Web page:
A Crystal Age

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1st World Library, 2007 - 192 pages
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I do not quite know how it happened, my recollection of the whole matter ebbing in a somewhat clouded condition. I fancy I had gone somewhere on a botanizing expedition, but whether at home or abroad I don't know. At all events, I remember that I had taken up the study of plants with a good deal of enthusiasm, and that while hunting for some variety in the mountains I sat down to rest on the edge of a ravine. Perhaps it was on the ledge of an overhanging rock; anyhow, if I remember rightly, the ground gave way all about me, precipitating me below. The fall was a very considerable one-probably thirty or forty feet, or more, and I was rendered unconscious. How long I lay there under the heap of earth and stones carried down in my fall it is impossible to say: perhaps a long time; but at last I came to myself and struggled up from the debris, like a mole coming to the surface of the earth to feel the genial sunshine on his dim eyeballs. I found myself standing (oddly enough, on all fours) in an immense pit created by the overthrow of a gigantic dead tree with a girth of about thirty or forty feet. The tree itself had rolled down to the bottom of the ravine; but the pit in which it had left the huge stumps of severed roots was, I found, situated in a gentle slope at the top of the bank!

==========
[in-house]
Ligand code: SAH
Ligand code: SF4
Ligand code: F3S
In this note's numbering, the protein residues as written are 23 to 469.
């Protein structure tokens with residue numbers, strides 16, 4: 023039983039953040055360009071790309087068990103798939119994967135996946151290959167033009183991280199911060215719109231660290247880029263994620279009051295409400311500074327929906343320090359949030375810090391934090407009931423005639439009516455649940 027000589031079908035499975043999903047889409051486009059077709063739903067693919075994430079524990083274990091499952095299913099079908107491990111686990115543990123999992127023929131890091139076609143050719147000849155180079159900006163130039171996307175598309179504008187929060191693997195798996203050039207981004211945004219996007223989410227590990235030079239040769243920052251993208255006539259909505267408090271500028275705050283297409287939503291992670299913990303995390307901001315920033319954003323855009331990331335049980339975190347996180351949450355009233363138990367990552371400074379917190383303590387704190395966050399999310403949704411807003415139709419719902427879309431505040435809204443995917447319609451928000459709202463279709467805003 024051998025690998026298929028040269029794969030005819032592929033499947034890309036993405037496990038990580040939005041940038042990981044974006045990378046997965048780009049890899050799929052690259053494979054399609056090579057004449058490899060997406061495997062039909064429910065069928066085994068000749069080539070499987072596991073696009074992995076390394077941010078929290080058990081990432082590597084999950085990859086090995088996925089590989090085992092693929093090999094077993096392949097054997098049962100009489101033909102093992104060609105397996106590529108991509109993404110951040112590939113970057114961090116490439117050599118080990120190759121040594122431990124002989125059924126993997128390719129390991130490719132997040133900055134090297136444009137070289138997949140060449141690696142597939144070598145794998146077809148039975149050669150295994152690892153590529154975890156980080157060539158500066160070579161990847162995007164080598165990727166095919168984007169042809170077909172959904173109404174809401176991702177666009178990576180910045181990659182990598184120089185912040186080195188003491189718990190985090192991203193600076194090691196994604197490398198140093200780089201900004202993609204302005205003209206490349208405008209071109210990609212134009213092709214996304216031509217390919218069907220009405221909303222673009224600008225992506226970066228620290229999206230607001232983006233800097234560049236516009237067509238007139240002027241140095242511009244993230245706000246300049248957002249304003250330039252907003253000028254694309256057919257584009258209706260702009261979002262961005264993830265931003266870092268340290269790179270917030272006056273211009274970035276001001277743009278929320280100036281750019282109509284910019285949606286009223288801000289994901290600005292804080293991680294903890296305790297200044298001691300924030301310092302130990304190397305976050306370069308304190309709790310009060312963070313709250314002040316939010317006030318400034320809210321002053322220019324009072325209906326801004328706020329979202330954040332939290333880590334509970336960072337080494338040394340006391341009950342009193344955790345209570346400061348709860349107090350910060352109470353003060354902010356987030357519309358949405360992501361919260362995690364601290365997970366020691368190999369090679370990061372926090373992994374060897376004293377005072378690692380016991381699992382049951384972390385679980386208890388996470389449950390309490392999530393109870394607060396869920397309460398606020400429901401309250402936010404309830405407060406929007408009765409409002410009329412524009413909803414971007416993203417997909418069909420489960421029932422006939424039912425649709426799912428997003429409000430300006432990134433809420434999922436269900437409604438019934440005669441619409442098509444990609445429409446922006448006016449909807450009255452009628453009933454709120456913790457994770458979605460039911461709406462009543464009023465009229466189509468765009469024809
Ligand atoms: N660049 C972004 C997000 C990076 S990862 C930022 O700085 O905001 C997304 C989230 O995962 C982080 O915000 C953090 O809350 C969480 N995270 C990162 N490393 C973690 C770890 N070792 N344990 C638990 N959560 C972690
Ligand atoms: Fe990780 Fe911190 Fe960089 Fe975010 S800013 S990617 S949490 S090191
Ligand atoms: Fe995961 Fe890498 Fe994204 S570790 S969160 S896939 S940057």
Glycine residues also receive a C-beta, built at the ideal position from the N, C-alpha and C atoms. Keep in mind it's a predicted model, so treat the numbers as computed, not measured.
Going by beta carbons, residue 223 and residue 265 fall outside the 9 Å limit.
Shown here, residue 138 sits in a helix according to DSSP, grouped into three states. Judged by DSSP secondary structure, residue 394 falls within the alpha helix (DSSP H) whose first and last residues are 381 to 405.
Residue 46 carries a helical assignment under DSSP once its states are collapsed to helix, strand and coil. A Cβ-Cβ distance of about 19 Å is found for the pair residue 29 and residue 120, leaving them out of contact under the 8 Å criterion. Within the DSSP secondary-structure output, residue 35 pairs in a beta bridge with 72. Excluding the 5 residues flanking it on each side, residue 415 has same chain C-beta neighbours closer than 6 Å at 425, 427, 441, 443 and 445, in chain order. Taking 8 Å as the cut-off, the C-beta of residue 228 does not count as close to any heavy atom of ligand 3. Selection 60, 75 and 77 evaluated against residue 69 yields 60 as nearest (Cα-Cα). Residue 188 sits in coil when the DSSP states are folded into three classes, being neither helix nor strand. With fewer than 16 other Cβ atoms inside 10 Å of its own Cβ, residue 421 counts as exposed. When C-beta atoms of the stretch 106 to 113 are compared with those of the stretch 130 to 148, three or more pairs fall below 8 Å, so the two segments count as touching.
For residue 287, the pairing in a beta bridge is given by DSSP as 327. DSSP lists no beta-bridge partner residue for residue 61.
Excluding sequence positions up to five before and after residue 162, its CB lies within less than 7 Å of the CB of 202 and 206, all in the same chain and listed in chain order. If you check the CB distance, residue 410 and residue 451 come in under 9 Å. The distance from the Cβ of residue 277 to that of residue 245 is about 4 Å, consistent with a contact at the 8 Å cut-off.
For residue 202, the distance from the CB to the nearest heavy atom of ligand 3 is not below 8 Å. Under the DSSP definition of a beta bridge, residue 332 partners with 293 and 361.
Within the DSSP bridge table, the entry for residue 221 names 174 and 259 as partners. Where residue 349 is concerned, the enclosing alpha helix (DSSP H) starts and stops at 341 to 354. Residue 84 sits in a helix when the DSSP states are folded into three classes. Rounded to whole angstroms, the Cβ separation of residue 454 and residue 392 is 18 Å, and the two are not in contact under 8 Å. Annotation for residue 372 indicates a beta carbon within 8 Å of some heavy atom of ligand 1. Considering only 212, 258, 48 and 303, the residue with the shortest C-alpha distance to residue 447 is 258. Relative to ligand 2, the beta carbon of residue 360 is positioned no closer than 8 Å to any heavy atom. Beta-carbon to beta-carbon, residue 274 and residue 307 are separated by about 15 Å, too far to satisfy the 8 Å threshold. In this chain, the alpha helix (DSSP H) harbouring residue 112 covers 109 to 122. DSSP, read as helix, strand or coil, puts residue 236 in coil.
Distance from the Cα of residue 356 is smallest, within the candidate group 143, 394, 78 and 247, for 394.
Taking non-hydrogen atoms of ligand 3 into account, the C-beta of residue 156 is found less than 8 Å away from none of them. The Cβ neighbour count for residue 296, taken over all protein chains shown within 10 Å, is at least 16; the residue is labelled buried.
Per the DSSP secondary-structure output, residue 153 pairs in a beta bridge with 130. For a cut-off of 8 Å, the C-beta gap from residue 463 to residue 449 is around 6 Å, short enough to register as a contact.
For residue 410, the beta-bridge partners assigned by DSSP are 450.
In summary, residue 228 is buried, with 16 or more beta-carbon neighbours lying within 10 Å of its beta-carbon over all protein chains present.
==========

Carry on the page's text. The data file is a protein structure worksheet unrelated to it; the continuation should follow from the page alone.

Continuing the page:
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About the author (2007)

William Henry Hudson was born in Argentina, the son of American settlers from New England. He spent his youth studying the local flora and fauna, and, as a young man, travelled widely on horseback, visiting Brazil, Uruguay, and Patagonia.In 1869, at the age of 28, he settled in England, and began a new life as a wanderer and field naturalist.

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